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  1. Down Jacket Repair Tips And Tricks

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    Down jacket repair instructions

    If you have ripped your favourite down jacket then there are a number of options available to fix the tear. Our down jacket repair tips and tricks are quick and easy to follow without being onerous on your pocket.

    You can of course do nothing, but over time the down insulation filling will billow out and you will be left with a very expensive windproof!

    Preparing The Down Repair

    Before you do anything you must ensure that the down filling is pushed back in to the hole. If the rip is small then use something thin and blunt such as closed tweezers or the end of a pen.

    Try and avoid using items with a sharp tip that could push through the fabric if you slip, or a finger, as they often make the hole bigger.

    If the fabric is dirty around the hole then you will need to clean it before applying an adhesive patch or tape.

    Tweezers used for down jacket repair

    Duct Tape Fix

    Good quality duct tape is a quick way to prevent any further loss of down insulation from your jacket. Just cut the required shape and apply it. If you spend a bit of time pressing down the edges then they will not peel away very easily.

    A lot of people use this technique as a permanent fix, but if you want something more aesthetically pleasing then you could use this as a temporary measure.

    Duct tape used for down jacket repair

    Down Jacket Repair Tape

    Repair tape is similar to Duct Tape but it is a bit more refined in appearance and is easier to cut in to the required shape. These tapes come in both an adhesive form and an iron on system in both fabric and plastic materials.

    Stitching

    If you are handy with a needle then you can always stitch the rip in your down jacket. This can be a very permanent solution if done correctly. However, it can look very messy as you need to pull in a lot of fabric around the tear.

    Stitching used on down jacket repair

    Down Jacket Repair Patches

    This is probably the best looking fix for small to medium sized tears in down jackets. The self adhesive backing on these waterproof flexible fabric patches is very sticky, allowing for good coverage over seams.

    Most packs come with both oblong and circular shapes to avoid patches lifting off when edges are caught.

    Down jacket repair patches

  2. Sub Zero Soft Shell Windproof Jacket Review By Harald Krauss

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    Harald Krauss is a  blogger from Germany who has a strong interest in running, especially ultra trails. His major achievements in 2012 were the Zugspitz Ultratrail (100k) and the Ultra Trail du Mont Blanc.
    He writes for his own blog (www.das-lauferei.de) as well as a column for www.laufticker.de, a major German netzine specialising on running.

     

    “Equipment wise the jacket (with drop back) follows the usual standard with velcro cuffs, hem toggles and wind protected front zip. Two large pockets (with net on the inside) offer enough room for tissues, gloves and what else one might want to pack. There’s another pocket on the left sleeve to carry a mobile phone or MP3 player. The zips give an impression of good quality, though being a bit hard to operate, which is probably owed to them being water- and windproof. However, there’s a superb handle on the front zip. I was immediately smitten by the collar: high, close fitting (but not too tight), and covered with the same wonderfully soft material they use for the front zip’s wind protection. Needless to say it’s got a zip guard.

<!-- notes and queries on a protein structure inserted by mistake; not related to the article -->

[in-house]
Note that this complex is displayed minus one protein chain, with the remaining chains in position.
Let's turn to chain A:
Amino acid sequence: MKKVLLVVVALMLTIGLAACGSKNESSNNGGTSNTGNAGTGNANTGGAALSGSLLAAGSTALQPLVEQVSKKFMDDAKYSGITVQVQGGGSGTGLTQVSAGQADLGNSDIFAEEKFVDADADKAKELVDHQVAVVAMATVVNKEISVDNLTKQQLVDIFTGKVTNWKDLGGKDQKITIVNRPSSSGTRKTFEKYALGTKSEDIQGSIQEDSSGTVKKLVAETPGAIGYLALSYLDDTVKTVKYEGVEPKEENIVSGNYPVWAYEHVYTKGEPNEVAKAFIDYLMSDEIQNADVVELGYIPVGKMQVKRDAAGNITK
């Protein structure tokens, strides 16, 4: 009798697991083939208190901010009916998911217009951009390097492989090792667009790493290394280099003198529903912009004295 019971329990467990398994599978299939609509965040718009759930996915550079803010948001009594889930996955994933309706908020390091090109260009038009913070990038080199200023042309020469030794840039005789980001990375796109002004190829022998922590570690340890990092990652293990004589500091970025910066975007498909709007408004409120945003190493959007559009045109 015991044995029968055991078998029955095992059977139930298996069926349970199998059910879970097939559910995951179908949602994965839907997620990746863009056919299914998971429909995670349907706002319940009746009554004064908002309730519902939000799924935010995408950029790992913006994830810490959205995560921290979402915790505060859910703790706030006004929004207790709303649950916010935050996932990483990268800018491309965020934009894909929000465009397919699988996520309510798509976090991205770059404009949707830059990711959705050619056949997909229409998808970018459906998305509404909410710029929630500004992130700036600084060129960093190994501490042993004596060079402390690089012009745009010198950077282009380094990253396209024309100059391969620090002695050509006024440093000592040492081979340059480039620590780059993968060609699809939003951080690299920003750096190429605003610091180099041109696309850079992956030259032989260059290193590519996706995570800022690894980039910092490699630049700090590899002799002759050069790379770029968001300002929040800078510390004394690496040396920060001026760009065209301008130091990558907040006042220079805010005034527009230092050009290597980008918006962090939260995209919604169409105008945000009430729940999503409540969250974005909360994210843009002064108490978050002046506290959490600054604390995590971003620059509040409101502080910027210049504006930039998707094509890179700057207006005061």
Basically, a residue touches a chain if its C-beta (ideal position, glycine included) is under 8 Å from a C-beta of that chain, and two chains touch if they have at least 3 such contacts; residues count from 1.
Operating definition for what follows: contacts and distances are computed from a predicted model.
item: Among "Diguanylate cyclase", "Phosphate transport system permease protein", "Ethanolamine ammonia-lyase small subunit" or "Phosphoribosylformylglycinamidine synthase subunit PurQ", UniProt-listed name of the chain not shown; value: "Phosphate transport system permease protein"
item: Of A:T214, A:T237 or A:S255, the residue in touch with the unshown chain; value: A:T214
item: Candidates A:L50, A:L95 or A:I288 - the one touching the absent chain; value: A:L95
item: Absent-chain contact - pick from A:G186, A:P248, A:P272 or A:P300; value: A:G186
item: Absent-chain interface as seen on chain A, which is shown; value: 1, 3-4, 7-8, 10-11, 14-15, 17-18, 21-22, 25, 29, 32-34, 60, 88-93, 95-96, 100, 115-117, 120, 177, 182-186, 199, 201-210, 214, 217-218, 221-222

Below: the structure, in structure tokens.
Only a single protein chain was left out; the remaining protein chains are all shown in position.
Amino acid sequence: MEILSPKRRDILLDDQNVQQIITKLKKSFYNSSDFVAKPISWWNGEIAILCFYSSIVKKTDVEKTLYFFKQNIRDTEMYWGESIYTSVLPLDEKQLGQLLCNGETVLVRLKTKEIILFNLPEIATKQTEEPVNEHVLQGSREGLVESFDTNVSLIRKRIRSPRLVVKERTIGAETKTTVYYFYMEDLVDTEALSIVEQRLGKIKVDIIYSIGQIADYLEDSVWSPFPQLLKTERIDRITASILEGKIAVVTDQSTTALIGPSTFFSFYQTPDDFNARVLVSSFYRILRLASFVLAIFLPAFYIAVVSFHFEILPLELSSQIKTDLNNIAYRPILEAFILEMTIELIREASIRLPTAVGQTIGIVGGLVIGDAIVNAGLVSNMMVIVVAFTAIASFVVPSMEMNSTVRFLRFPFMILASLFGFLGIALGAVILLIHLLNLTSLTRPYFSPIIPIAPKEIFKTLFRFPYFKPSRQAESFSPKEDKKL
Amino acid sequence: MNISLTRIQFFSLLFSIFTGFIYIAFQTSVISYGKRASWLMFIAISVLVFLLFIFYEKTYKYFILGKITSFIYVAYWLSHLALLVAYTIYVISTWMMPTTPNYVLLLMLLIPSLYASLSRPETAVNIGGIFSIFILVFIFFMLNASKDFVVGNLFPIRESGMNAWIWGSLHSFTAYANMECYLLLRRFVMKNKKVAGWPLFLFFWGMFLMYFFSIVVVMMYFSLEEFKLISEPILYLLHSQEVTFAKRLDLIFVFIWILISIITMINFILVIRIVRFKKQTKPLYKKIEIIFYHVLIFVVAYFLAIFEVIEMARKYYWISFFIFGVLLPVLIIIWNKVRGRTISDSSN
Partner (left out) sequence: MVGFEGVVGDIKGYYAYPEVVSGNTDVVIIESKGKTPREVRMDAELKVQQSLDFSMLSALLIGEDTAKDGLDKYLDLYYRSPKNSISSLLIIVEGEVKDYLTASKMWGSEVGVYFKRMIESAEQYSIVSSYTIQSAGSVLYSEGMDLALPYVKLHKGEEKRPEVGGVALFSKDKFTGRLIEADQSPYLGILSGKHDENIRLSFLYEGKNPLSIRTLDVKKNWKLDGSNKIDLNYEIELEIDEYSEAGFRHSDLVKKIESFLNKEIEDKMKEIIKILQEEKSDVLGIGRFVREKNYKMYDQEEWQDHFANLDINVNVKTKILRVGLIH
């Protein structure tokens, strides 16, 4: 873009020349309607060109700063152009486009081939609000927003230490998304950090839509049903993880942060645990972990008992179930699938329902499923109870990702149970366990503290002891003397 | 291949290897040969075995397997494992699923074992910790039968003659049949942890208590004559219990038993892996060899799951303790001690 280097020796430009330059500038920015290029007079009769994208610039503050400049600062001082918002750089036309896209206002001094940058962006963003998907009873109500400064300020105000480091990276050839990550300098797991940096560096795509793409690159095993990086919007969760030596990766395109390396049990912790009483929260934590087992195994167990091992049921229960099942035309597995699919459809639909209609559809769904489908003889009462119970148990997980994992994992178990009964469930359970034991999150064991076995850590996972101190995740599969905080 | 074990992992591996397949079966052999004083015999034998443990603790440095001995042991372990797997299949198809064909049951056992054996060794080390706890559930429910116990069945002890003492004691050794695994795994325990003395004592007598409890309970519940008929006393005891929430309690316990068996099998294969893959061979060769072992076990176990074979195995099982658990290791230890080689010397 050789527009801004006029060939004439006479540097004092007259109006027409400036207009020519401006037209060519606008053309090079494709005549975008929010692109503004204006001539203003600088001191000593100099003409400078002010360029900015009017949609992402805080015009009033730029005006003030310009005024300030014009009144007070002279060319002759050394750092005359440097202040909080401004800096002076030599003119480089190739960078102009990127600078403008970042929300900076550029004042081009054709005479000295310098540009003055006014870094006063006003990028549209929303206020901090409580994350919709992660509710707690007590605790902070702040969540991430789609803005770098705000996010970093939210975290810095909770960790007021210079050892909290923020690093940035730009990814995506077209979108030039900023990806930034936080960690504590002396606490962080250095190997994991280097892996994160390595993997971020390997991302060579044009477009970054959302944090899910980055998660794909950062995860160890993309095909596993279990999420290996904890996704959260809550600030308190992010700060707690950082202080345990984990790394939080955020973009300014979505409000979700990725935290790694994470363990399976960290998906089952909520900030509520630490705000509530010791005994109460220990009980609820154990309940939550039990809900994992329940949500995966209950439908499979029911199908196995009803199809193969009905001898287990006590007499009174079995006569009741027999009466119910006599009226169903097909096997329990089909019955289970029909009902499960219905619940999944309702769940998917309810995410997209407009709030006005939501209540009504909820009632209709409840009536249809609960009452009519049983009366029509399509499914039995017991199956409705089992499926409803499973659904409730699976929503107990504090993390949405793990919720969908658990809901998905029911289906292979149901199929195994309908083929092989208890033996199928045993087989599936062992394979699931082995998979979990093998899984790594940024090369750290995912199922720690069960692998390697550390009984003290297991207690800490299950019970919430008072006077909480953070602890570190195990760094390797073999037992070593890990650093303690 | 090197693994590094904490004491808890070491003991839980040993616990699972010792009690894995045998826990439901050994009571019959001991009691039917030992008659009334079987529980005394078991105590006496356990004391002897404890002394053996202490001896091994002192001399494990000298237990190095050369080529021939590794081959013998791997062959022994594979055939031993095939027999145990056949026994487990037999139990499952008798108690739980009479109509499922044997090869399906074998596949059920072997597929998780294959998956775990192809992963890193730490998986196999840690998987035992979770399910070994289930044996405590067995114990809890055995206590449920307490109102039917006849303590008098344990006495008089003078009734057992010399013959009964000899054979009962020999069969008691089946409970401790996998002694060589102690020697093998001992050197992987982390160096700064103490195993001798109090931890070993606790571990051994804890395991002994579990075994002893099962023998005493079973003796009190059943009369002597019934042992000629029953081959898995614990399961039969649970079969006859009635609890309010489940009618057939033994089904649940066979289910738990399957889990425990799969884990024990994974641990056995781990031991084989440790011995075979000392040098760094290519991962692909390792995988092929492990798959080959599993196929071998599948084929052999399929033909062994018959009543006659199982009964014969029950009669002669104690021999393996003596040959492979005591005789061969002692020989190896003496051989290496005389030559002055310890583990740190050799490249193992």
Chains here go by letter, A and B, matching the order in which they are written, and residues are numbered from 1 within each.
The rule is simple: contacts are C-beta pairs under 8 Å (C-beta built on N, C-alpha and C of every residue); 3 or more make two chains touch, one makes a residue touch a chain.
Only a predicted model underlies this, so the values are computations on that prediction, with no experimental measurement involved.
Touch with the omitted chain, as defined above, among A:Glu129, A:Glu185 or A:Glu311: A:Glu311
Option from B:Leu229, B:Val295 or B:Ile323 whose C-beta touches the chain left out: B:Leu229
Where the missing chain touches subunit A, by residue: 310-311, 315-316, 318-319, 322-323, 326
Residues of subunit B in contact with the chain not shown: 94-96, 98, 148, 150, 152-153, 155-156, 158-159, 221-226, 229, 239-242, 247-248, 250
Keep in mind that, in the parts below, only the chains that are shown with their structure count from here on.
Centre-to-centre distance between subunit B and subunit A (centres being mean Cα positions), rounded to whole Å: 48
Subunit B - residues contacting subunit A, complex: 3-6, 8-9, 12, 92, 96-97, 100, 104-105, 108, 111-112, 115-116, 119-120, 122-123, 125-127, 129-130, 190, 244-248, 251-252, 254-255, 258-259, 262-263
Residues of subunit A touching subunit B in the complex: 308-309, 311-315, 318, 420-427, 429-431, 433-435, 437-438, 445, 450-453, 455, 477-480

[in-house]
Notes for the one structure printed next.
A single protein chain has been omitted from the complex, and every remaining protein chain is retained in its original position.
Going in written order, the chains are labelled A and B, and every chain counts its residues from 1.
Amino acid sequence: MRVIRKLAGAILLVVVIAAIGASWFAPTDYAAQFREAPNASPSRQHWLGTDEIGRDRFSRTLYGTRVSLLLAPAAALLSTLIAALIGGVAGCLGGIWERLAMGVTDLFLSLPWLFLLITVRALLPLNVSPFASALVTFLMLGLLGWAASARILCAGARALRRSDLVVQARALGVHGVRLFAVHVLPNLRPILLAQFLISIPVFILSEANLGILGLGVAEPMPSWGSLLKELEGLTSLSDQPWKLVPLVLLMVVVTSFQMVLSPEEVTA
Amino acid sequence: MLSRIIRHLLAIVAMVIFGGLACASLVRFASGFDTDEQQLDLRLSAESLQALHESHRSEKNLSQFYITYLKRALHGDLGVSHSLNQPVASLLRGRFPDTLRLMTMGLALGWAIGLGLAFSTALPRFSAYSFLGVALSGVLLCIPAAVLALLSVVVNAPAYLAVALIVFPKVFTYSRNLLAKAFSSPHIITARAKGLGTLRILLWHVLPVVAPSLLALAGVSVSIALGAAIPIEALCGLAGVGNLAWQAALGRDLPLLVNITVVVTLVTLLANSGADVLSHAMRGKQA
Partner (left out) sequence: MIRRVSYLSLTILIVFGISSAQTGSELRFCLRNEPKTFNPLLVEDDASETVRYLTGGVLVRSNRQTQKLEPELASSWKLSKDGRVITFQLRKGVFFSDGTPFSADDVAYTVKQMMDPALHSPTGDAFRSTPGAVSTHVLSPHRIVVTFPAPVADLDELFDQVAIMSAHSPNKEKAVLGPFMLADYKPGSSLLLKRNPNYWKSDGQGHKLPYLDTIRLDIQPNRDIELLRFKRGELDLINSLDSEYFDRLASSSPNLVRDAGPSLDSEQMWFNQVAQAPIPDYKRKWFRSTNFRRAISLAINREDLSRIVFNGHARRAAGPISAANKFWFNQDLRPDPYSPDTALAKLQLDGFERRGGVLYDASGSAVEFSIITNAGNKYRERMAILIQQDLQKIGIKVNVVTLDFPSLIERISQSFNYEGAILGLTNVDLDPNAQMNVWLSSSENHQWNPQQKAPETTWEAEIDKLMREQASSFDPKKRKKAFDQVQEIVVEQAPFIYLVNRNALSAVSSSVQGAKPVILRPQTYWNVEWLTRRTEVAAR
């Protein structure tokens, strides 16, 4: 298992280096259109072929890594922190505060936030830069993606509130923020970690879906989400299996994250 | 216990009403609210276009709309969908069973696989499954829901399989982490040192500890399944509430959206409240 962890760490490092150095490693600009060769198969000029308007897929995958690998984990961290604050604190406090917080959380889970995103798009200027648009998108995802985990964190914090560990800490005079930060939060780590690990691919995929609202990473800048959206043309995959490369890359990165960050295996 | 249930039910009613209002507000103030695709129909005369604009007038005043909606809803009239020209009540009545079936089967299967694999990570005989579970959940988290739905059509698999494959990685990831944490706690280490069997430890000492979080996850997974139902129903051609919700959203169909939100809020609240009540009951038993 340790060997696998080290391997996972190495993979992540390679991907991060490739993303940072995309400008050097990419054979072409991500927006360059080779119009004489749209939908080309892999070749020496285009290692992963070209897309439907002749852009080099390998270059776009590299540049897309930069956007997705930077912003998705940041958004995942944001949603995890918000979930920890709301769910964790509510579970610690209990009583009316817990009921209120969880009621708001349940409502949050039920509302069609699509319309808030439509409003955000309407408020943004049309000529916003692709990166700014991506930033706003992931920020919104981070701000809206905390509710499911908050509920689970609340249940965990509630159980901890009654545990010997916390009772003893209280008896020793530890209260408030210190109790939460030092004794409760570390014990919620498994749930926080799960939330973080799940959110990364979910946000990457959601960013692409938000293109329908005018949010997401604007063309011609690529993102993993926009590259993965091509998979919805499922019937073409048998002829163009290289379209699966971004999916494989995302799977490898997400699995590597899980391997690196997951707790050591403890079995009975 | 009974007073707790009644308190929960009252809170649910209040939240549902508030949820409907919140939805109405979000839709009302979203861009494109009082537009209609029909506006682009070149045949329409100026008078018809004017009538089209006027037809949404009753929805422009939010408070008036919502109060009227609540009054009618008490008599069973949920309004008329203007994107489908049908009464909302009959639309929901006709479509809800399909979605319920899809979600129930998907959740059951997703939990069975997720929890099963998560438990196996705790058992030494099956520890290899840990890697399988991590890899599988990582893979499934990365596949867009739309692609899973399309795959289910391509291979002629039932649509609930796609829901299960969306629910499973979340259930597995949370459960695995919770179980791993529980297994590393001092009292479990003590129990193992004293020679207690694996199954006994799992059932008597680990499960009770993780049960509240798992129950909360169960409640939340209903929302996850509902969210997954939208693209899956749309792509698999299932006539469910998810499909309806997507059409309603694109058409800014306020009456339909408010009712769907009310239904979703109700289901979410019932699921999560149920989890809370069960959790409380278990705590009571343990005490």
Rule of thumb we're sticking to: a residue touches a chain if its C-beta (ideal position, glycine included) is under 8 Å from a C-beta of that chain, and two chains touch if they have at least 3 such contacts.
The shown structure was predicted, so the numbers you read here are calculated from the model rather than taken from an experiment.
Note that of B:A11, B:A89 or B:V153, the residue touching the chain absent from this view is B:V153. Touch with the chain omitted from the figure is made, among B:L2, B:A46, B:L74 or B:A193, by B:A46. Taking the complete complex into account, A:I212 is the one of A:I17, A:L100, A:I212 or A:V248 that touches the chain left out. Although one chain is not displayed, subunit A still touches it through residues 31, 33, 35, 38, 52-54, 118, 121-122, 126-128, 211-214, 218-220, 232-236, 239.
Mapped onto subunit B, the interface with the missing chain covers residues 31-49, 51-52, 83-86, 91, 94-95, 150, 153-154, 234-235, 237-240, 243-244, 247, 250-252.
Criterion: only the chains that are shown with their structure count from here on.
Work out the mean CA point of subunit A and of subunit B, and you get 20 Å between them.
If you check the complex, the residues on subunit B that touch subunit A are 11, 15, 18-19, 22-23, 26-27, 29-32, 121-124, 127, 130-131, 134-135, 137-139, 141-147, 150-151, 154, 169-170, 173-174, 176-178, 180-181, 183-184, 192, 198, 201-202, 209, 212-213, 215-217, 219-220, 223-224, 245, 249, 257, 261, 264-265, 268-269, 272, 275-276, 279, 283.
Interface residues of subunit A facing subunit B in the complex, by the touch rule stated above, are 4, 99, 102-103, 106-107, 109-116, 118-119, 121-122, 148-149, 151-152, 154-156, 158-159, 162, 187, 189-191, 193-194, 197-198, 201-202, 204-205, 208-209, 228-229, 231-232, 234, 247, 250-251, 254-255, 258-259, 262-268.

The Test

    First Impression– was that of a wonderful surface feel. The outside material feels just great, reminding me of a thin suede jacket. If somebody was looking to use the words “haptics” and “greatness” in one sentence, here it is. Since the material – thanks to Elastane – adapts to the movements of the body, the words “second skin” come to my mind.

     

    Runningthe conditions were circa -5 to +10 °C, cloudy, windy, with occasional rain. I wore underneath the Sub Zero soft shell Jacket a lightweight base layer and I also tried an additional thermal mid layer, which means I expected to get hot. Nevertheless I had to try it (sometimes curiosity is stronger than sense). Sure I did sweat, soft shell fabrics are not overly breathable, consequently even the slightest jog made me feel wet. When winter – the real winter – returned with temperatures around zero, plus a bit of wind, the Sub Zero soft shell proved its abilities. One or two layers underneath, and, no matter what weather, I was warm and cosy. In my eyes, running is not quite the jacket’s domain. It is possible to use it for running, even better when it’s cold, but I might say it’s range is for cold and windy weather. I once tried the combination of a super thin windbreaker and thermal layer, truly running stuff, for comparison. Back in the soft shell, it feels more “jacket”.

     

    Hiking – is a different story. Once tried, the Sub Zero soft shell instantly became my favourite jacket. I either wore it right from the start – depended on weather and situation, of course, or I had it ready in my pack for the next belay. Light rain didn’t come through at all, I guess it needs heavy rain, or an extended stay outside until you feel the urge to put a rain jacket on top.

     

    Conclusion

    The Sub Zero soft shell is a true all round jacket. If you like, it’s the generalist amongst clothing. Provided it doesn’t rain cats and dogs, it’s not freezing cold or your training schedule says “speed”, you’re doing right by wearing it: windproof, water resistant, warm enough, this jacket is just great!”

     

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